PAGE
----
Wednesday, 26 September 2007

A few "quick" planes

After working on a few jointers and several large panel planes - I needed to build something small. Small does not always translate into easier - holding a 3-3/4" plane on an anvil and piening requires one's fullest attention! But the parts themselves are that much smaller - with fewer dovetails... these planes go together quite a bit quicker than a two foot jointer.

The other simple fact is planemaking requires a tremendous amount of focus - something Jim Leamy and I have talked about many times. Making these small planes is about as close to "instant gratification" as I can get. And sometimes - it is just what I need.

As I was chamfering the edges of these planes, I was reminded that several people have asked about how it is done. Once the sole and sides are square and finished, I take a black sharpie marker and scribe a quick 1/8" reference line on the sidewall (the planes above are just about to be "Sharpie'd"). This line is not rigidly adhered to - but it gives me a rough guideline. I do not make any marks on the top of the plane. I clamp the plane on a 3"x 3" x 3" block of wood and start with the lambs tongues. These are quite simple to do and require 2 needle files - a triangular and round one. The round file is used to define the tip of the tongue and the triangle file is used to define where the chamfer terminates and the tongue begins. The hardest part is making sure they are all the same distance from the sole of the plane. After the tongues are done, I start into the rest of the edge. At this stage it is really important to watch the light reflection off the edges you are filing. Watch the light change as you remove material - it will tell you when you are heavy on one side, out of alignment with the previous stroke etc.

This is what the chamfer looks like after rough shaping. This represents about 10 minutes of work.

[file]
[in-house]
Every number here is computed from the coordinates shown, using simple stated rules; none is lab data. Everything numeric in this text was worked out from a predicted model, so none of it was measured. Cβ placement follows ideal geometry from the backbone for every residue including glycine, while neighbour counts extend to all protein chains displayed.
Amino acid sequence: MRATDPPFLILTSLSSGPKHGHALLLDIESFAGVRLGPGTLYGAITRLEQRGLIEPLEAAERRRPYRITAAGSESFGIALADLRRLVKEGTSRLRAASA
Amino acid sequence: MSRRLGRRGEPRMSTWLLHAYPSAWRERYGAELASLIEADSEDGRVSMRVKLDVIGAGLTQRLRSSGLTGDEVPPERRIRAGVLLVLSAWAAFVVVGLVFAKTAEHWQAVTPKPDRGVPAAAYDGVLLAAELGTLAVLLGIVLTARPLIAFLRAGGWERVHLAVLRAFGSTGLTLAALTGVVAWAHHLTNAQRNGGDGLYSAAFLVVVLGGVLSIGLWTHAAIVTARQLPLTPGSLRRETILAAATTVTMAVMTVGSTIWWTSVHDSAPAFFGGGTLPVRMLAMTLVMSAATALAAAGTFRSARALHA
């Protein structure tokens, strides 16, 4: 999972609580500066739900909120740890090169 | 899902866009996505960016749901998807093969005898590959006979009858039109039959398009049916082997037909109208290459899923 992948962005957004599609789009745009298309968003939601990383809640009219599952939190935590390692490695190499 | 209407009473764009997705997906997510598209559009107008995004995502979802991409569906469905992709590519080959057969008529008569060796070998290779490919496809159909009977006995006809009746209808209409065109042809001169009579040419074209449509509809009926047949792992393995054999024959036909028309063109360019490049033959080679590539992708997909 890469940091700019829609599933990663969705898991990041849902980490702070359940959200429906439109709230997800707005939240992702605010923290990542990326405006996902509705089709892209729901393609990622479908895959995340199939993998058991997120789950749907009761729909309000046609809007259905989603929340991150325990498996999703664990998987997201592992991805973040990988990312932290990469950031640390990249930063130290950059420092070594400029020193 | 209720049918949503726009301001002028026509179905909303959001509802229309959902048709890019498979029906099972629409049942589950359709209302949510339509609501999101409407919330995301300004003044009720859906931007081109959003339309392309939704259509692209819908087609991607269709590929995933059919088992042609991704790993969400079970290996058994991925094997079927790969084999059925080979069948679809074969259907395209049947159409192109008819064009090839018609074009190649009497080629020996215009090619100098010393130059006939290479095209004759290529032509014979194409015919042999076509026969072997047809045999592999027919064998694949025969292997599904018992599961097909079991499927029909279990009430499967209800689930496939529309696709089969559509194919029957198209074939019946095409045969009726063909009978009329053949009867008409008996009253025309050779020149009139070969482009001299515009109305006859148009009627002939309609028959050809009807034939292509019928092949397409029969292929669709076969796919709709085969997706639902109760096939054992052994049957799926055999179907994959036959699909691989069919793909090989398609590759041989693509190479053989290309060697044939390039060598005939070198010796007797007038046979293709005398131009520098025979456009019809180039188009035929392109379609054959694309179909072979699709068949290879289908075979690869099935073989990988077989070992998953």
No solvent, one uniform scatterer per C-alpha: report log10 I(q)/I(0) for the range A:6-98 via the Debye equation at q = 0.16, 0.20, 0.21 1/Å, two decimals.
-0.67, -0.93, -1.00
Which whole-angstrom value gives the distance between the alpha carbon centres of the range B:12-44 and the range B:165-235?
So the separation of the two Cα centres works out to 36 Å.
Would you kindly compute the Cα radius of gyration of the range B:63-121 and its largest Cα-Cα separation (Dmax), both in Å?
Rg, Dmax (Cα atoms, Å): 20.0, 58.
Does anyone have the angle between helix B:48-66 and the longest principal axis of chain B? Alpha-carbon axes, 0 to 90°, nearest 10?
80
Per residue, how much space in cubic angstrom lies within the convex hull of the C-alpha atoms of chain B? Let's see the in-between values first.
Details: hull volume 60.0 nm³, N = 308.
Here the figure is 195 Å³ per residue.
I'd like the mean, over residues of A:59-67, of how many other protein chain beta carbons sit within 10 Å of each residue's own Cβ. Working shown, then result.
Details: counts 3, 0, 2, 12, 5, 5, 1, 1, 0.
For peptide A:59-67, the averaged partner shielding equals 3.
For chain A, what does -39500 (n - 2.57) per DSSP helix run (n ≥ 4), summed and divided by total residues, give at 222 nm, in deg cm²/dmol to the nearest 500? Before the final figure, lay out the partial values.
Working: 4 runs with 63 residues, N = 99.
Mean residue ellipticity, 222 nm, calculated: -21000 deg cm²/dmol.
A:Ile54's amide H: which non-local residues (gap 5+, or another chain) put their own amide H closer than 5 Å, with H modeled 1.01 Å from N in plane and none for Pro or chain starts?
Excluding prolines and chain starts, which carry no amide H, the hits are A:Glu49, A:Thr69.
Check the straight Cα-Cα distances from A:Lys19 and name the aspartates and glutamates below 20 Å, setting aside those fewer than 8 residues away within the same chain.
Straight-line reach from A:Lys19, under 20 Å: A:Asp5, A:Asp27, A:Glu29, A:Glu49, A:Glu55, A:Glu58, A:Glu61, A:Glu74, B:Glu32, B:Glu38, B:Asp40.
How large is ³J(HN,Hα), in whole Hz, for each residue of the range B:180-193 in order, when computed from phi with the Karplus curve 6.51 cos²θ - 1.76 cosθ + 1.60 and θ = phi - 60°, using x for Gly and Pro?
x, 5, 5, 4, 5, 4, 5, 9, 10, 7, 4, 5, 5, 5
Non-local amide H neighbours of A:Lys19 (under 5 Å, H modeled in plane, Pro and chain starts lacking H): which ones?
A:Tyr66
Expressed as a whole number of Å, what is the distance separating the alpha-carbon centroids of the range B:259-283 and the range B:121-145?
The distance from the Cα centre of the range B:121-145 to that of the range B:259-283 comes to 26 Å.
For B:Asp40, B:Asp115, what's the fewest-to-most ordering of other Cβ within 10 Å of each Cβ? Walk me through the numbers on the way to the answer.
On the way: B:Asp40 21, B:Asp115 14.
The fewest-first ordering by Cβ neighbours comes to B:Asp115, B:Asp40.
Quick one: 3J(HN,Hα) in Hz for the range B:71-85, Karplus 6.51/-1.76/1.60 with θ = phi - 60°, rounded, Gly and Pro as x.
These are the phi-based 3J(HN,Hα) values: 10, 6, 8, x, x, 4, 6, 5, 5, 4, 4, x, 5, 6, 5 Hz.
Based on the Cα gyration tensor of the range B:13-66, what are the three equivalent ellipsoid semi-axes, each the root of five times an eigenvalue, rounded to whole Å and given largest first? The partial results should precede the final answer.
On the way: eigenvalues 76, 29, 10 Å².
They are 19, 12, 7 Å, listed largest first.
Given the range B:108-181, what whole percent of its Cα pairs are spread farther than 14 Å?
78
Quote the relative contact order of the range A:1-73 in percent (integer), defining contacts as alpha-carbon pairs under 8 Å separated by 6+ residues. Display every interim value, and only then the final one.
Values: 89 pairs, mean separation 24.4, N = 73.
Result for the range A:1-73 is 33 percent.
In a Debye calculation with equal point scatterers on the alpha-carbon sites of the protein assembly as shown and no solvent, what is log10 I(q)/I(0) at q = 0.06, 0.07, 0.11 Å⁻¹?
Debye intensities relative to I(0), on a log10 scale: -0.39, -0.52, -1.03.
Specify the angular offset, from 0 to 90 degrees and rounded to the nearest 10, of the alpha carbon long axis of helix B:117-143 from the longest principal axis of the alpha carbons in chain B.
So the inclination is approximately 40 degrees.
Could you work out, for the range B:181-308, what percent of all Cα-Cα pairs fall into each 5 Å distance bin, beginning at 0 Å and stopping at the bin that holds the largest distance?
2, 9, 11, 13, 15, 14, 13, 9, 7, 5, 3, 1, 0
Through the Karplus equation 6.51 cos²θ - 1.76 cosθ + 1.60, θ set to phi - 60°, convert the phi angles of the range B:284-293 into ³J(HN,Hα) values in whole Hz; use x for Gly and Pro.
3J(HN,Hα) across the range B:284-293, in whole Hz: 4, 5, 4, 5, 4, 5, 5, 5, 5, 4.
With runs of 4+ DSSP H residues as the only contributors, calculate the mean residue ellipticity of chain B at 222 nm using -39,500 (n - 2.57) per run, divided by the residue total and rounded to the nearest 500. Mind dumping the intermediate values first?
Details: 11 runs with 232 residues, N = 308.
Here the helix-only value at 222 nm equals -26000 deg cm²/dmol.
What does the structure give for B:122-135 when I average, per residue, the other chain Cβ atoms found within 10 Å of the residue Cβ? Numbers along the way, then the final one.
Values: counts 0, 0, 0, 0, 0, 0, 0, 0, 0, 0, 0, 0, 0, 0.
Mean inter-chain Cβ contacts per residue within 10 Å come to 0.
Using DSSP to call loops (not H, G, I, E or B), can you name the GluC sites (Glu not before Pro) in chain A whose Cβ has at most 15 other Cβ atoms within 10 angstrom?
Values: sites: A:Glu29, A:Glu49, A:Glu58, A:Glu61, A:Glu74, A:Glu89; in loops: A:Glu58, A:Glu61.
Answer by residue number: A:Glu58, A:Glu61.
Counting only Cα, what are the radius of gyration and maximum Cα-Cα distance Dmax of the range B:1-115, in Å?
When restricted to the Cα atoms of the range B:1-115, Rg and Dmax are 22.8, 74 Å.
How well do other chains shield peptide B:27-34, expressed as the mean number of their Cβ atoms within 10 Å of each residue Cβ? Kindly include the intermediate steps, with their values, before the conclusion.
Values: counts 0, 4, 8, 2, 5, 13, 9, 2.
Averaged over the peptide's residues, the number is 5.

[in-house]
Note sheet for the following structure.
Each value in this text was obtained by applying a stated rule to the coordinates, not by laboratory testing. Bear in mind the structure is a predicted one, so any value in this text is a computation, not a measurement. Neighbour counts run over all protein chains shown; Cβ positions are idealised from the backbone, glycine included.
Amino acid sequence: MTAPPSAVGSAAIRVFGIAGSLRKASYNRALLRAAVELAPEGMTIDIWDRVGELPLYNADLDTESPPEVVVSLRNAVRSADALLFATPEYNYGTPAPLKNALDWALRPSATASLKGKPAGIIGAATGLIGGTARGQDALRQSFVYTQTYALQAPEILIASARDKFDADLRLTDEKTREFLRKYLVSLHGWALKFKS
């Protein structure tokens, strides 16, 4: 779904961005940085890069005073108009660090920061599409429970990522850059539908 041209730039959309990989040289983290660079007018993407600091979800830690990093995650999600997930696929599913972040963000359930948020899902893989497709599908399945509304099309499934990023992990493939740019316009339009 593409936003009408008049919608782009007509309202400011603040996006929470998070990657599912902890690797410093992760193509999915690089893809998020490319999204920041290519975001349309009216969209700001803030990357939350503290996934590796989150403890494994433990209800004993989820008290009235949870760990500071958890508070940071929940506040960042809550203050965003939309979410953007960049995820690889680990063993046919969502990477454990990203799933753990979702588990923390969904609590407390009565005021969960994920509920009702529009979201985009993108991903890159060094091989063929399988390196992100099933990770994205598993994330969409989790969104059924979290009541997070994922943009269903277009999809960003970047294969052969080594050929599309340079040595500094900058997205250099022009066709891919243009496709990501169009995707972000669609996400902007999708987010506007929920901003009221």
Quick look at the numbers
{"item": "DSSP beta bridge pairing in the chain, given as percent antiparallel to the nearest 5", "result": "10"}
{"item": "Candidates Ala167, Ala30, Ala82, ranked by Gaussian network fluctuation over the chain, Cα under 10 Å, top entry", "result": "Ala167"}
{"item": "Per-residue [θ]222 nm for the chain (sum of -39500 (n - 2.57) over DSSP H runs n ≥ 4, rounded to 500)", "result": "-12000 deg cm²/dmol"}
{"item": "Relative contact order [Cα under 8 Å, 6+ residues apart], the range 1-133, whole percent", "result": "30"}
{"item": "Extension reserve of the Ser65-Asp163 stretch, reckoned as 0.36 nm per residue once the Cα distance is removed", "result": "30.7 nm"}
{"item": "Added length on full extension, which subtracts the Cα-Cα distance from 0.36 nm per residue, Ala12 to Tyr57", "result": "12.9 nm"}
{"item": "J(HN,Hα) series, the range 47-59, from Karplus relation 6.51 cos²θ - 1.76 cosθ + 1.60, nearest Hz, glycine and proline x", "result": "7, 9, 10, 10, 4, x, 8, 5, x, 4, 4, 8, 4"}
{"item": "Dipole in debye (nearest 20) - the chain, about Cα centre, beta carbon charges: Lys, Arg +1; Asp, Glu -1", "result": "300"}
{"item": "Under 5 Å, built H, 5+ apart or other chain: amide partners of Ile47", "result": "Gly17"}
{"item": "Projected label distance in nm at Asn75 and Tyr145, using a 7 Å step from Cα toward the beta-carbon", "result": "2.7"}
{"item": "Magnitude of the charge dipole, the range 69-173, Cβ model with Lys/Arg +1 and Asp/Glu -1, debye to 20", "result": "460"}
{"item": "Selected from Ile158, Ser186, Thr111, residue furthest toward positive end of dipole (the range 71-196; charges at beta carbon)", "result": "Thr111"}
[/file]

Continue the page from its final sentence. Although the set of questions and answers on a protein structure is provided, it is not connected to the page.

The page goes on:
At this stage, I will use a finer file (a 6" single cut Nicholson to be exact) and draw file the edges. Again, watch the light. It will tell you when you are done. I think I had better expand on this light watching idea.

This is something I learned in design school - to really learn to trust your eyes to tell you when something is right or wrong. Most of us were inclined to pull out rules and take measurements of things - but we were told to develop a feel for it. In my first year of college, we did almost everything by hand... including rendering all our typography. We had French curves, binders full of different diameter radiuses and all manner of line drawing tools. We used a "Tech pen" which was a technical drawing pen that used ink to draw very precise line widths. After a while, you could look at a line and know how wide it was.... 1.5 points, 2 points etc. Over time, you just learned to trust your eyes, and this philosophy ran throughout all our training. At the time I don't think any of us truly realized how valuable this simple idea was - but there is rarely a day that goes by where I am not thankful for those 3 years.

The picture to the right is an attempt to show the draw filed edge. I tried to line up the shot so you can "sight down the chamfer" to see how it lines up. The next image shows it a little more clearly I think.

After draw filing, I use sandpaper to finish it off. I start with 320 grit, then to 400 then 600 and finish it off with 0000 steel wool. The sandpaper is wrapped around a hard piece of rubber. It will soften the edges a little bit - but I like the effect - a "sharp" chamfer defeats the purpose really. The image to the right shows the completed chamfer.

The process is exactly the same for the second side, but take care to make sure you remove the same amount of material so the chamfers look the same. Watch the thickness of the sidewalls where the wedge goes in - you can see this "thickness" in the photo on the right. Watch to make sure the width at the top of the chamfer matches. I usually get it close, and then finish it off by draw filing. The draw filing is slower, but it will give you a chance to sneak up on a perfect match.

Of course, you can always fire up a mill to do this... but I am not sure it would be as much fun.


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